Qurmudgeonly Questionnaire

“Prickly Don’t Mean Ornery”

Our family’s 2005 attempt to celebrate our father’s birthday led to the organisation of a Curmudgeon Conference, backed up by solid market research and pricked by a porcupine …

1)      Do you consider yourself a curmudgeon?  Please explain why or why not.

If you want simple answers, go ask simpletons.  I must say that I do object to the motto – “Prickly Don’t Mean Ornery” – yes it does!  At the end of the day, it all has to start somewhere.  Besides, who’s asking?  And what business is it of yours?

As for mankind’s excesses, well starting with anti-terrorism and the dot.bomb bubble, it’s going to take too long to explain why I see it as one of our prime goals on earth to puncture, preferably with a sharpened umbrella tip, all of our fellow humans’ pretensions, or fellow humans for that matter.

As another old proverb avers, “A man with one watch knows the time.  A man with two watches is never sure.”  I see myself as that watch.  My modest task is to make curmudgeonliness the dominant body of thought on the planet.  I have assumed this task with the humility expected of me.

2)      Do you consider yourself a cynic? If you answer differently from #1 – why is that?

Certainly not.  A reasonable Webster definition is – a fault-finding captious critic; especially : one who believes that human conduct is motivated wholly by self-interest – clearly does not apply.  For instance, I believe that human conduct is also motivated by stupidity, lust, misapprehensions, delusions and a small smattering of illicit substances.  There is only one law, the law of unintended consequences.  In the spirit of Diogenes, I would prefer to be regarded as a kynic.  To quote at length from a learned article:

“Obviously the lacuna here is the absence of guidance on how to generate alternatives.” [Checkland in Open Systems Group, 1972, page 292] “Traditional scientific method, unfortunately, has never quite gotten around to saying exactly where to pick up more of these hypotheses.” [Pirsig, 1974, page 251] At a broader level, cynical reasoning comes in for much criticism directed at the promotion of change through contention.  “In its cheekiness [ancient kynicism] lies a method worthy of discovery.  This first really ‘dialectical materialism’, which was also an existentialism, is viewed unjustly . . . that . . . respectable thinking does not know how to deal with.” [Sloterdijk, 1988, page 101].  Overall, the difficulty is that to have a system is to have constraints, but constraints restrict change.”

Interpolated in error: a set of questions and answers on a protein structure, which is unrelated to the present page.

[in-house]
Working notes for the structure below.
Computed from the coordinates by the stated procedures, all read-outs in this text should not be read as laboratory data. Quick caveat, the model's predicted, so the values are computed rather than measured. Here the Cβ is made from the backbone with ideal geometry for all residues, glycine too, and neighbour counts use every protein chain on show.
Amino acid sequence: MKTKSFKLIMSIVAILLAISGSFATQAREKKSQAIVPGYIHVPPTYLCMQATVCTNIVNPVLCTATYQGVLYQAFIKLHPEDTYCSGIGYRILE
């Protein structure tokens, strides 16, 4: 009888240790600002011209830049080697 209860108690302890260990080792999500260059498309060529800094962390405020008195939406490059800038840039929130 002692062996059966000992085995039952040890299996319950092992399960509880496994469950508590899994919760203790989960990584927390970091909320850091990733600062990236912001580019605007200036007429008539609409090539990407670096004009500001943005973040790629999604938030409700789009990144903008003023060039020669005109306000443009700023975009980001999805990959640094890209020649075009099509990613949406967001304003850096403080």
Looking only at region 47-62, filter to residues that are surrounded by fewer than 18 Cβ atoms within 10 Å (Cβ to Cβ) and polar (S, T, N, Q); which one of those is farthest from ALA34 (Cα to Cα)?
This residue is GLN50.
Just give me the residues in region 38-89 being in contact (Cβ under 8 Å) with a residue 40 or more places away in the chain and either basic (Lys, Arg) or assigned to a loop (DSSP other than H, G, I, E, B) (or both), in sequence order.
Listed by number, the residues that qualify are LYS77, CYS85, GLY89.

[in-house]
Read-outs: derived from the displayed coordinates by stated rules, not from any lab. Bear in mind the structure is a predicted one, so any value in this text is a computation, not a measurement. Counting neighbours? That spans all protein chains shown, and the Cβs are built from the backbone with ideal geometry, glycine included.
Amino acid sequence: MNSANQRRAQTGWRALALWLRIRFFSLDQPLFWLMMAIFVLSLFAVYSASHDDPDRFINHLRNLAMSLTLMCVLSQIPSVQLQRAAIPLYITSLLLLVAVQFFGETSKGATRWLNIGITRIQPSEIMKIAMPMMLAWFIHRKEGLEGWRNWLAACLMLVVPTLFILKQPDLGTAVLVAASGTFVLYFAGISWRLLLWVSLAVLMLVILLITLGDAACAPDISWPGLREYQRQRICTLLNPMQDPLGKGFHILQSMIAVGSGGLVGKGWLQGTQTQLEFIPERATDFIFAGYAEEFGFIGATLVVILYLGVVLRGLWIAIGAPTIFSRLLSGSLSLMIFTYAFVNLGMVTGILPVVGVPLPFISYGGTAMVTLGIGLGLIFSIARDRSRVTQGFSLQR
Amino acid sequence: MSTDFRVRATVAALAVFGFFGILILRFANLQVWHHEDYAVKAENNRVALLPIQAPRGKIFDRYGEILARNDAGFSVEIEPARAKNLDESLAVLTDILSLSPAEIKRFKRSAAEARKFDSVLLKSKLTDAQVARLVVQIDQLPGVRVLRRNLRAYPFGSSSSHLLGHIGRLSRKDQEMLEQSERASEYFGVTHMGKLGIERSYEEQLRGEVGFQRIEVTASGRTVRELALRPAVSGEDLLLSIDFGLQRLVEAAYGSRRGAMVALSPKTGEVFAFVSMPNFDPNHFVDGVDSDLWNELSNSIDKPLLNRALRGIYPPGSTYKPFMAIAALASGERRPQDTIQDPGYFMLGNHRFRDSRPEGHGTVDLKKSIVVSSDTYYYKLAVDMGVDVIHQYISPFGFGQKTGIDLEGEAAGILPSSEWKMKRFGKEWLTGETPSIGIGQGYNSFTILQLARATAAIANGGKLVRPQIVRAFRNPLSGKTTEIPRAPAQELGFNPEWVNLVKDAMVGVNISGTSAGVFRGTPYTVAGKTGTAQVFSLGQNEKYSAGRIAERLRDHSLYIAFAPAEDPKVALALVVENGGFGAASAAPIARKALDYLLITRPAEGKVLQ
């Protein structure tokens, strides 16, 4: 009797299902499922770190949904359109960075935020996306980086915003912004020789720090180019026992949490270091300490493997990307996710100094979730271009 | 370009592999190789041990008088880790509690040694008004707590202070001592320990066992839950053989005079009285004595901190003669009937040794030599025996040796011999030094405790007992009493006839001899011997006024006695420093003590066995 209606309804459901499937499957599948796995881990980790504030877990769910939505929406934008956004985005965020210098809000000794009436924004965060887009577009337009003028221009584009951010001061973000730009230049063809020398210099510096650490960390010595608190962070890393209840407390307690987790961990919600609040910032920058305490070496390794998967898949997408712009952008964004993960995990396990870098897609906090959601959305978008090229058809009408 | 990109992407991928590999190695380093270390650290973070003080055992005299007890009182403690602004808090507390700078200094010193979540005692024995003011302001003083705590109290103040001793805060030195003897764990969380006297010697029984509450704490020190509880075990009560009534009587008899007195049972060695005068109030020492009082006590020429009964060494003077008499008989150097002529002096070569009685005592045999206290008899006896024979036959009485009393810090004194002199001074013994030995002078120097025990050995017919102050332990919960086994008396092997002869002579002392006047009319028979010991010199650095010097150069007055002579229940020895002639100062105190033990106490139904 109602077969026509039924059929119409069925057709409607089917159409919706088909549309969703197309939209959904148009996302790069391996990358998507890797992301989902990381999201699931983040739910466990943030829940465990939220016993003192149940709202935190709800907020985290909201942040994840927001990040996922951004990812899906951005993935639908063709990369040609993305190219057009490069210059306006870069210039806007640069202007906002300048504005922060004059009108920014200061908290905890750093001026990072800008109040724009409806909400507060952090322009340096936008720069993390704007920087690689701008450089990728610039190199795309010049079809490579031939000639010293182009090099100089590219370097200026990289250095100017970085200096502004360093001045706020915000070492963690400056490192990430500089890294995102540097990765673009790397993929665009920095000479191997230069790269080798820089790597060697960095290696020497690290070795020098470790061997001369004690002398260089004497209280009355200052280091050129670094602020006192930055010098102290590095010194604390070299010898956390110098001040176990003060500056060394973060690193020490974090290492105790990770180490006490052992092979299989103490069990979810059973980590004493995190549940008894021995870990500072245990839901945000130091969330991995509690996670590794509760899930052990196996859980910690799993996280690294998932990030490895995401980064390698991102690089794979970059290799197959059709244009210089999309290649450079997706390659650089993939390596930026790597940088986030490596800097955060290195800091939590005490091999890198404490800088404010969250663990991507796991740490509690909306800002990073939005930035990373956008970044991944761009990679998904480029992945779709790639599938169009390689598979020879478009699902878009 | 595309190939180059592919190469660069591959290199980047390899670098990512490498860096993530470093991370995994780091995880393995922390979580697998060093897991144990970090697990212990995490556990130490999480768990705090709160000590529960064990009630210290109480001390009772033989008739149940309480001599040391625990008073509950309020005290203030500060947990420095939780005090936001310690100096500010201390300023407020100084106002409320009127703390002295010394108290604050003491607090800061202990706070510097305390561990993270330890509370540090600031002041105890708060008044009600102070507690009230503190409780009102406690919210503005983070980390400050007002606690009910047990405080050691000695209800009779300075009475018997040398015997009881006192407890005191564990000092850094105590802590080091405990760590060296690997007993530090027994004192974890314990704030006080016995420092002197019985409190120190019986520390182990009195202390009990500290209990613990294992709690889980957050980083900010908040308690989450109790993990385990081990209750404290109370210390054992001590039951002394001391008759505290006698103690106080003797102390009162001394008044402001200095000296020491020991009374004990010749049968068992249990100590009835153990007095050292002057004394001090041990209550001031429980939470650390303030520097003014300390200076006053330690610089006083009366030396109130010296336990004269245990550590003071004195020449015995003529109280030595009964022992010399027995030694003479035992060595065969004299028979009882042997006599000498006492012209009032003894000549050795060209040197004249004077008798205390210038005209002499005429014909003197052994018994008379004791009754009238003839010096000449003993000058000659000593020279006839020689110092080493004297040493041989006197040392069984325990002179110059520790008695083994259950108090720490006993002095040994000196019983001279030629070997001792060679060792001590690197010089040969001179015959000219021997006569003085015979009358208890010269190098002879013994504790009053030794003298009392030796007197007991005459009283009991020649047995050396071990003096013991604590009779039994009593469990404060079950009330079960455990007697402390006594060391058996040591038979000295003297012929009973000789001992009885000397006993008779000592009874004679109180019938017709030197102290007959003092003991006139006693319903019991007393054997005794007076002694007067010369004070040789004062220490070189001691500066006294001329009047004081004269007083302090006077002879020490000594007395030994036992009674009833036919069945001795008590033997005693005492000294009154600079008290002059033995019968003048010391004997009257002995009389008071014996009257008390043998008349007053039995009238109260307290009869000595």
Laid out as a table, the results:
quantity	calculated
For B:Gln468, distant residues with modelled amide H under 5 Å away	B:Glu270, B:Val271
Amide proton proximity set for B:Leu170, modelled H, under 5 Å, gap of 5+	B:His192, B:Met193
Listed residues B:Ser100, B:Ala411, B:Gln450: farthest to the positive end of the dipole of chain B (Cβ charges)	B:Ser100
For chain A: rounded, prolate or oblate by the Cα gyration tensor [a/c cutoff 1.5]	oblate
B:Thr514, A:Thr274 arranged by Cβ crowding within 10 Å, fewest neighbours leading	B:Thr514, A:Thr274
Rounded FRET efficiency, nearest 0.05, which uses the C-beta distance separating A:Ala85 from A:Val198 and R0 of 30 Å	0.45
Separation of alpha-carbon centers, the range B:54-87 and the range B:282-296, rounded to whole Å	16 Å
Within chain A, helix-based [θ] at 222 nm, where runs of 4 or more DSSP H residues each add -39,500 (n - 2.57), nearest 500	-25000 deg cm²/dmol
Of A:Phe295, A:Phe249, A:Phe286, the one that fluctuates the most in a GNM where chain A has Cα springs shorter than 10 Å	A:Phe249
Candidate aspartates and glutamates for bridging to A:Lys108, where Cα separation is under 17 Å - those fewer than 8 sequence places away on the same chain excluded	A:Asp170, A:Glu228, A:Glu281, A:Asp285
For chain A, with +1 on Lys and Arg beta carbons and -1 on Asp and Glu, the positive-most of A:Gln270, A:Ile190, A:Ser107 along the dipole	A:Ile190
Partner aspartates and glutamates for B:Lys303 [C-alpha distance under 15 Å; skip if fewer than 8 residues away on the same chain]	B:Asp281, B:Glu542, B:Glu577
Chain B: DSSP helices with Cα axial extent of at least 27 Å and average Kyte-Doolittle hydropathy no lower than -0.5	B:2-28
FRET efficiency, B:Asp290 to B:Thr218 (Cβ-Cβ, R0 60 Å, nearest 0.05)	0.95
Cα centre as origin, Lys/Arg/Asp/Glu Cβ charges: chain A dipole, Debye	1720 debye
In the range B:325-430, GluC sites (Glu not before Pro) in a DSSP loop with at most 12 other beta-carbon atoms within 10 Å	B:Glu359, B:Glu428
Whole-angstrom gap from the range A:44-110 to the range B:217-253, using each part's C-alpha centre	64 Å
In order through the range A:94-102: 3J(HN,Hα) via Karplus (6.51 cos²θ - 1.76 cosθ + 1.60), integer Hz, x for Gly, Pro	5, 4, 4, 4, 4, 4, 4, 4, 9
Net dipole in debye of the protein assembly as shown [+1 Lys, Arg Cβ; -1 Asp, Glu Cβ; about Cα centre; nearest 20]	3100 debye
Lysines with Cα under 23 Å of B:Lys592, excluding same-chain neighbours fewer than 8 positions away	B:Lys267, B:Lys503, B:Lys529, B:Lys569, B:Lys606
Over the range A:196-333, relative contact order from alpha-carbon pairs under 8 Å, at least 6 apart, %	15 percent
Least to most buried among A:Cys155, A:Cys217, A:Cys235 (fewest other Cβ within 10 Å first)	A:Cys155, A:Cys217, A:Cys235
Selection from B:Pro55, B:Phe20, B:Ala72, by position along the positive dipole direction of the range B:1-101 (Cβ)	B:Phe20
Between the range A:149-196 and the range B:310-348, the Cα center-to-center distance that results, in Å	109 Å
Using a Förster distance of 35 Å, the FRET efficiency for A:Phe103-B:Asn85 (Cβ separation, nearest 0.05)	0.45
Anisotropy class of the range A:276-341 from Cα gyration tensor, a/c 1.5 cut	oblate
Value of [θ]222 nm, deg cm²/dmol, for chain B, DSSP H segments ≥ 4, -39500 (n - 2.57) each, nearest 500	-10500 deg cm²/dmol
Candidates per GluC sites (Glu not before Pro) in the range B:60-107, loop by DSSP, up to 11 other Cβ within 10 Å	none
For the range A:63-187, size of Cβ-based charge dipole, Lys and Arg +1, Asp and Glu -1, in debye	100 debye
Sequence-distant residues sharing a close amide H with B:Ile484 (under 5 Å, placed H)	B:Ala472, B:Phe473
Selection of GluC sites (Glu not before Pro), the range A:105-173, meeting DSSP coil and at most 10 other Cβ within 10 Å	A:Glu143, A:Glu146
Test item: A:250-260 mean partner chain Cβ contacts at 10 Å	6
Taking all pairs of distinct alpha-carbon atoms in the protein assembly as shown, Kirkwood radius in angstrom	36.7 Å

The article continues much later:

“One point of view worth exploring is the “kynical”.  The kynic is a person who holds that by being what you are, you achieve what you seek.  To the kynic the act of analysis, a cynical task, is destructive whereas the act of existence is creative.  The kynical/cynical dichotomy is an old one.  While the kynic rebels against analysis, the cynic is committed to analytical approaches.  One of the most famous, long-running kynical/cynical disputations was between Diogenes and Plato.  The kynical view is not confined to Western philosophy, in fact it might even be said to be more Eastern than Western.  The precepts of many Eastern philosophies recognise the limitations of analytical thought and the need to compensate for the destructive effects of the analytical by seeking holistic views.  These holistic views, it is frequently maintained, cannot be taught.  The apotheosis of this view can be seen in philosophies such as Zen, where enlightenment is sought by denying analytical thought.  A holistic view is achieved by transcending the limits of analytical thought processes, e.g. by contemplating and realising the implications of a question such as “what is the sound of one hand clapping” or a paradox which forces one to go beyond verbal reasoning such as “to win is to lose” [Humphreys, 1984, page 15].  A flash of insight purportedly leads to enlightenment, as illustrated in many Zen stories where analytical techniques beloved by a student are repeatedly frustrated by his or her mentor to the point that the student achieves enlightenment.  These are not solely Eastern ideas.  There are echoes of kynicism among current Western philosophy, e.g. “our supreme insights must – and should! – sound like follies, in certain cases like crimes…” [Nietzsche, 1990].

The kynical view is, on its own terms, perhaps best-examined by example rather than analysis.  In attempting to analyse and classify species, Plato maintained that man was a featherless bi-ped, thus distinguishing man from the birds and from mammals who walked on four legs.  Diogenes, the kynic, refuted the classification with a plucked chicken…”

As I never fail to point out, “somebody else always said it first, better and more succinctly” (Somebody 1958).

3)      Is the curmudgeon a reformer or a self centered egotist?

Well naturally the curmudgeon is a reformer.  In fact, the high tragedy of curmudgeonliness is that the reformer continues to work realising the futility of the task, but drawn to it by an inner nobility.  A bit like Sisyphus with morals.  In fact it has led to my profession – I’m a consultant; I can’t see anything I don’t want to change.  A lifetime in business has taught me that people are reluctant to admit that their original choices and opinions might be in error – of that I’m sure.  As I like to point out – it’s easy to confuse simple and easy – it’s simple to confuse easy and simple.